Size

I believe, this time size matters. It could be a controversial aspect, but I would rather have a captain that is a big fella. I don’t think it is necessary a factor to influence the referee, but it could be important when cooling down an escalated situation before it turns violent, or when he is trying to break up a blow-up after a nasty foul. It has a small but undeniable correlation with authority as well. Again, I’m not insisting to pick the tallest team member, but Lucas Torreira would not be my first choice either. Anyway, size is not merely about heights; having an (alarmingly) muscular body would also be an advantage.

Communication

The captain needs to encourage and manage on-pitch communication with team members, with opponents and with the referee. He must maintain good relationship thus effective communication off the pitch with individual players, between players (in conflict), with the coaching staff or even with important club executives. However, this does not mean that the ideal captain loves to hear his own voice and look for every opportunity to talk and to be heard. Indeed, the captain should only speak when necessary, being able to keep his communication concise and to the point, especially on the field – that gains the respect of most referees. In practice, captains in the PL should have a good command of English, might have a secondary language to get a hold on foreign players/coaches with English difficulties and have good skills of verbal and non-verbal communication in general.

Position

Another controversial topic, but since the captain must run many errands throughout the game, the most practical position if he plays at midfield. It is easier and less tiresome to get to the ‘crime scenes’ before they get out of hand or talk to the referee to diffuse a hot situation. Maybe a wingback would also be a good choice, but the attackers need to keep their stamina to overwhelm the defence with their speed at a counter-attack. The fact that many captains are centre backs are most likely contributing to their calming personalities, size and authority, but doesn’t seem efficient movement-wise, not to mention having a goalkeeper as a captain.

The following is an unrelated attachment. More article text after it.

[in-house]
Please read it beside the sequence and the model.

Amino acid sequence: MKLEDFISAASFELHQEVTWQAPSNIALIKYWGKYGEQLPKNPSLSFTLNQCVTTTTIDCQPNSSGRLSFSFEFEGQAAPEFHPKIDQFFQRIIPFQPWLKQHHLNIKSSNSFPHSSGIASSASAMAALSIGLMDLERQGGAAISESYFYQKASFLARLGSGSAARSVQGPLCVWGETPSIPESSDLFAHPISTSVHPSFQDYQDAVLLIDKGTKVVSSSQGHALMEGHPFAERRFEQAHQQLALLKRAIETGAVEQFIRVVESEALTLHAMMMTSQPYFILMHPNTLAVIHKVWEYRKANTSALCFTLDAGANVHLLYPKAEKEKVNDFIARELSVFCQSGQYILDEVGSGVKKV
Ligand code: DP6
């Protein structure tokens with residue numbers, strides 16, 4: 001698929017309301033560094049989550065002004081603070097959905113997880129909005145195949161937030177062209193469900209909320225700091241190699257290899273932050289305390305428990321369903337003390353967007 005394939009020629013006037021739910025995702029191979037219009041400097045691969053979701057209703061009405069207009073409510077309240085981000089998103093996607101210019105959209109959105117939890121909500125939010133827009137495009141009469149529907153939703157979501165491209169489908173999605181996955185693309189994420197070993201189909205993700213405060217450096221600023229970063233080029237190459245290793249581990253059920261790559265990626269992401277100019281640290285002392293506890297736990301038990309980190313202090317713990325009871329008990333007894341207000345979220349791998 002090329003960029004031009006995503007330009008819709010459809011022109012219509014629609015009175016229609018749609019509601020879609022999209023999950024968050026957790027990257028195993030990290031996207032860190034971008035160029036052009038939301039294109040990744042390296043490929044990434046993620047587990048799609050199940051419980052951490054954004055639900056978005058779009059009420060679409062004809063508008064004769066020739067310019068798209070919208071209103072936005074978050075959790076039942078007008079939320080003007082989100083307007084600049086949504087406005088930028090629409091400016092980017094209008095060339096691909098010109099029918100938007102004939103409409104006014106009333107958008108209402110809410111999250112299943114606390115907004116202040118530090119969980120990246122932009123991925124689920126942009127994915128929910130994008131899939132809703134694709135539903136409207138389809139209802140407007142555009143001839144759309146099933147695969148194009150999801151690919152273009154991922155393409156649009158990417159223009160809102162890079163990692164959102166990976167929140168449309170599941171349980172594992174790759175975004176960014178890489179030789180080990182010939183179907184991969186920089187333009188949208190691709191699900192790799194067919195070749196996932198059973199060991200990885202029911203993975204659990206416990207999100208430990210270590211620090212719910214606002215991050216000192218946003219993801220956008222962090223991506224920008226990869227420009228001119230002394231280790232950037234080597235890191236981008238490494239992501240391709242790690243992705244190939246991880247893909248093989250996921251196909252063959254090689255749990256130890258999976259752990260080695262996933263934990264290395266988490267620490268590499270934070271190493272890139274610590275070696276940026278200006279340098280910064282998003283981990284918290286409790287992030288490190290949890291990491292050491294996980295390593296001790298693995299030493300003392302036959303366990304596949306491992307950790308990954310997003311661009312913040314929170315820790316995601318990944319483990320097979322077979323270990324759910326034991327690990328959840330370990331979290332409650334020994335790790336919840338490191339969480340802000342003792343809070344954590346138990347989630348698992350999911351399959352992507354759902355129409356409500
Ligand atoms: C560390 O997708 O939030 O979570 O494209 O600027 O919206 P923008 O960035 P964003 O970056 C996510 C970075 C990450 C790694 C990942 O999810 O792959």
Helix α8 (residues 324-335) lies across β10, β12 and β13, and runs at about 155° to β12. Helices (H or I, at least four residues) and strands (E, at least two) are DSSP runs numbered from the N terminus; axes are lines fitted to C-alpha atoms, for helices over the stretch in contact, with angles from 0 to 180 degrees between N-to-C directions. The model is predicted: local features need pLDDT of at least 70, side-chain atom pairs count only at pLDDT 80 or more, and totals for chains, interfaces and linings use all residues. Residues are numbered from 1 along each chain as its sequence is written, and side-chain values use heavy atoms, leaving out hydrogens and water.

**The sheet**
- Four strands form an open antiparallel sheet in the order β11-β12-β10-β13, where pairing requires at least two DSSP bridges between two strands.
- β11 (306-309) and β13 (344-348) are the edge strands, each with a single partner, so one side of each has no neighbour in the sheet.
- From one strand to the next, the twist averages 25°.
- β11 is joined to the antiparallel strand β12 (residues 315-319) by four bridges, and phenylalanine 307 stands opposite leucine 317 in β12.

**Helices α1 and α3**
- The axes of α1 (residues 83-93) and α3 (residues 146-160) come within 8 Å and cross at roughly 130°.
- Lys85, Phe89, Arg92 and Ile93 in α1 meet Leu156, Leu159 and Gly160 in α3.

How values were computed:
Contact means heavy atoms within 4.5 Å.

Leadership

For many of us – especially pundits and sport commentators – this comes as the first and foremost expectation. And I don’t want to deny its importance either. However, we are talking about a different aspect of leadership here, as the captain doesn’t need to reinvent the strategy and tactics mid-game. What is required here is a focused, competitive, driven – even sometimes intimidating – character, who doesn’t mind shouting at team members if necessary. For those familiar with personality typologies, I am talking about a choleric (Hippocrates-Galenos) or a Dominant (DISC) person. That is not something you can acquire, this is more or less born. And while you might think that professional footballers are all highly competitive and driven individuals, all teams have their funny guys, quiet perfectionists and natural born mediators as well. While I have no doubts that Lionel Messi is the GOAT, he is a relatively short attacker, with a keener and more eager than rigorous personality, making him an inspiring player but an ineffective team captain.